Ever wonder why the ABBA song is called “Super Trouper”? Shouldn’t it be spelled “trooper”? Spellcheck won’t help you here, because we’re talking about two different words.
A trouper is someone who keeps going under difficult circumstances without complaint. The word comes from a theatre troupe and suggests a the-show-must-go-on attitude.
A trooper is a member of a military troop. You might look to such a person for inventive swear words, but not cheerful smiles and a can-do attitude. (The same word gives us a crowd of people trooping from one place to another; that is, moving together in the same direction, as in a military manoeuvre.)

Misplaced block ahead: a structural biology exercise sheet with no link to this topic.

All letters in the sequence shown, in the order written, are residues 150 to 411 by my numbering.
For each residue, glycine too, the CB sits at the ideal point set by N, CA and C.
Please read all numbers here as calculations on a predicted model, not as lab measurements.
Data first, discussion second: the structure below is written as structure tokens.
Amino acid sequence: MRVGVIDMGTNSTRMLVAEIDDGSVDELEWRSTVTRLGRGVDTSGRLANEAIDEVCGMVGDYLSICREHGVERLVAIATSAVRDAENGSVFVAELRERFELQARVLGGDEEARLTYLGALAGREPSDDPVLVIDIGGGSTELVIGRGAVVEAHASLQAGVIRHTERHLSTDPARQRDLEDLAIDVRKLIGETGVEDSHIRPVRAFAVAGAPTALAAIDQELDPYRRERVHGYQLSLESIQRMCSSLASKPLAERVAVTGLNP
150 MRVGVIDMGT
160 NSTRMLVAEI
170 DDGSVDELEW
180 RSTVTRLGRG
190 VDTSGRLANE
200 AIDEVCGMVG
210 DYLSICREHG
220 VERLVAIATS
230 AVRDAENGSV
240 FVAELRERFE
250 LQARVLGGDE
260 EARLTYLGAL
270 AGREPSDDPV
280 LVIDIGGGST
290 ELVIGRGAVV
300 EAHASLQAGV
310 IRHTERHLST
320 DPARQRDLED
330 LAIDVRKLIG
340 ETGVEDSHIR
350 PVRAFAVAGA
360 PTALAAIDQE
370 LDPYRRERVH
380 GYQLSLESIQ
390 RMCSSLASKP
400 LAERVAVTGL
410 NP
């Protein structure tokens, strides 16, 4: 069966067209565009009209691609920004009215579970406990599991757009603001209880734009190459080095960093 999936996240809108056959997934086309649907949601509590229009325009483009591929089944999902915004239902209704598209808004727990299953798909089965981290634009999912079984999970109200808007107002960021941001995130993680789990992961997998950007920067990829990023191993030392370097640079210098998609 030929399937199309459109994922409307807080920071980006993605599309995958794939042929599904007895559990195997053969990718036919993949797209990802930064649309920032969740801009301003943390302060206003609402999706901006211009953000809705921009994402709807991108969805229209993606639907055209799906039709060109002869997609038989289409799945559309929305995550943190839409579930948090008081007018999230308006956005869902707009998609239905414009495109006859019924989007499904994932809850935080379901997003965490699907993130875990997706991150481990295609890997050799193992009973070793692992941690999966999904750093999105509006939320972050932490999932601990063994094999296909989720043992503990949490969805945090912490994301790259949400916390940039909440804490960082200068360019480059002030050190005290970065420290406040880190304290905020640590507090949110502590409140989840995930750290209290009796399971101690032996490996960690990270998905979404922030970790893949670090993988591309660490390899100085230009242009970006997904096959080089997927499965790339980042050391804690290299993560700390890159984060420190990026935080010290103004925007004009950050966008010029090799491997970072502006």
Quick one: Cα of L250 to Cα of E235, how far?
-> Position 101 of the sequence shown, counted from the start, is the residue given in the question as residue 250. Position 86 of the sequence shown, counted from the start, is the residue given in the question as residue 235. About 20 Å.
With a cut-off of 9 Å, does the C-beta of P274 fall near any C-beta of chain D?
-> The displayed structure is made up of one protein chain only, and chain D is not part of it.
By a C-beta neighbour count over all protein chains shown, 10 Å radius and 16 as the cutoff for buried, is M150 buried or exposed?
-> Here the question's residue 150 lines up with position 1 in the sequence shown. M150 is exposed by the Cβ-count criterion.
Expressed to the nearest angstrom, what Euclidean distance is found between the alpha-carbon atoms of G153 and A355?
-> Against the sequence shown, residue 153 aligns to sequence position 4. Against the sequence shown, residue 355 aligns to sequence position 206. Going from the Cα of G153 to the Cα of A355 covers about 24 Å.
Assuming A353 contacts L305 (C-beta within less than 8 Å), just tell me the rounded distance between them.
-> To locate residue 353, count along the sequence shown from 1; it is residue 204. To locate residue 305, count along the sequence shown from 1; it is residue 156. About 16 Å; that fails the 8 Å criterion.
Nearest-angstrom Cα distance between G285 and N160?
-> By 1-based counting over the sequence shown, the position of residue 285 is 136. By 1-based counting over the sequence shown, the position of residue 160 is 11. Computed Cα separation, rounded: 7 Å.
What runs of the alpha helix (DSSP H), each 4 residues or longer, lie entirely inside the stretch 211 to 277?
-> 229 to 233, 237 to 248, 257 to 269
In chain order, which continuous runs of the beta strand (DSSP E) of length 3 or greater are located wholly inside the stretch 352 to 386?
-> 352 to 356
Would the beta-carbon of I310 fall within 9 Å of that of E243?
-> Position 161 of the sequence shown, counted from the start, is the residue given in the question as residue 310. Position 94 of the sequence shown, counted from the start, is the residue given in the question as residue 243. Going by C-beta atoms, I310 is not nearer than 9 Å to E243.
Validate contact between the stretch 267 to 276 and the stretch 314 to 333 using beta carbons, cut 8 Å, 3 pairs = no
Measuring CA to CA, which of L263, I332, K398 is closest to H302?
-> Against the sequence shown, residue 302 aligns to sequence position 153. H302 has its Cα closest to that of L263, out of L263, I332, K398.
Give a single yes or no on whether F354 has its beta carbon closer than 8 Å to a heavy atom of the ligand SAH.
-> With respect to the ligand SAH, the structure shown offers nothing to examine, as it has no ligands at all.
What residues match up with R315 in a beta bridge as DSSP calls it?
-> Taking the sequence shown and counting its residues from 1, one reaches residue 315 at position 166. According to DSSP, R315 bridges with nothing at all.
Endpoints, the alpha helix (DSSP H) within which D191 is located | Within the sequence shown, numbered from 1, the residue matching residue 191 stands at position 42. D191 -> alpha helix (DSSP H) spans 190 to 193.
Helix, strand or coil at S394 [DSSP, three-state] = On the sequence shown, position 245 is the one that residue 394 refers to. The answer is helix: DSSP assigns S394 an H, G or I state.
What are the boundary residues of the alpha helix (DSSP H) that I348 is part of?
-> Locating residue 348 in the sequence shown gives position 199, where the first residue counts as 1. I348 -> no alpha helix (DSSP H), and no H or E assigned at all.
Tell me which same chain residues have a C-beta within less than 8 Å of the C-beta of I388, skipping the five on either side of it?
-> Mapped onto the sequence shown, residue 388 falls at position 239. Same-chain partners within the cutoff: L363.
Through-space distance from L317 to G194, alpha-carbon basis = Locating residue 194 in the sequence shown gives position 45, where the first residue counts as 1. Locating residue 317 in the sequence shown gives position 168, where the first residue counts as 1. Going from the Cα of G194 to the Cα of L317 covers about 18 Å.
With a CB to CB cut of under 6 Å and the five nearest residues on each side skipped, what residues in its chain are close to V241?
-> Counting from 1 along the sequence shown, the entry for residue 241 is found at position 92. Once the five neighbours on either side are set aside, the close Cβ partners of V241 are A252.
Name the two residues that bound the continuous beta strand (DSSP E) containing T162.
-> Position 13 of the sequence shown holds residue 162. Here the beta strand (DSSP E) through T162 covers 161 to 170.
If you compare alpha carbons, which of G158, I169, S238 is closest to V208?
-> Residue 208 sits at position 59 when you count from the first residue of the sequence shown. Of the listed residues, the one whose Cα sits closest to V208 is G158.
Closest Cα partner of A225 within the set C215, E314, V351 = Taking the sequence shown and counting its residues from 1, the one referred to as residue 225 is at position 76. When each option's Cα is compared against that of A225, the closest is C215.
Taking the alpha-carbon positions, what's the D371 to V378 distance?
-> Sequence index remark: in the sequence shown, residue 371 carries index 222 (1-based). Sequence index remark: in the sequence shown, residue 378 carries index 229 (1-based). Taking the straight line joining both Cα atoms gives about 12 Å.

- Get enough sherry into Great Aunt Lavinia and she starts swearing like a trooper and poking people with her cane.
- Everything that could go wrong during the balloon expedition, short of fatal accident, did; but Edith was a real trouper, helping the pilot spill the ballast and keeping the passengers’ spirits up with a rousing sing-along.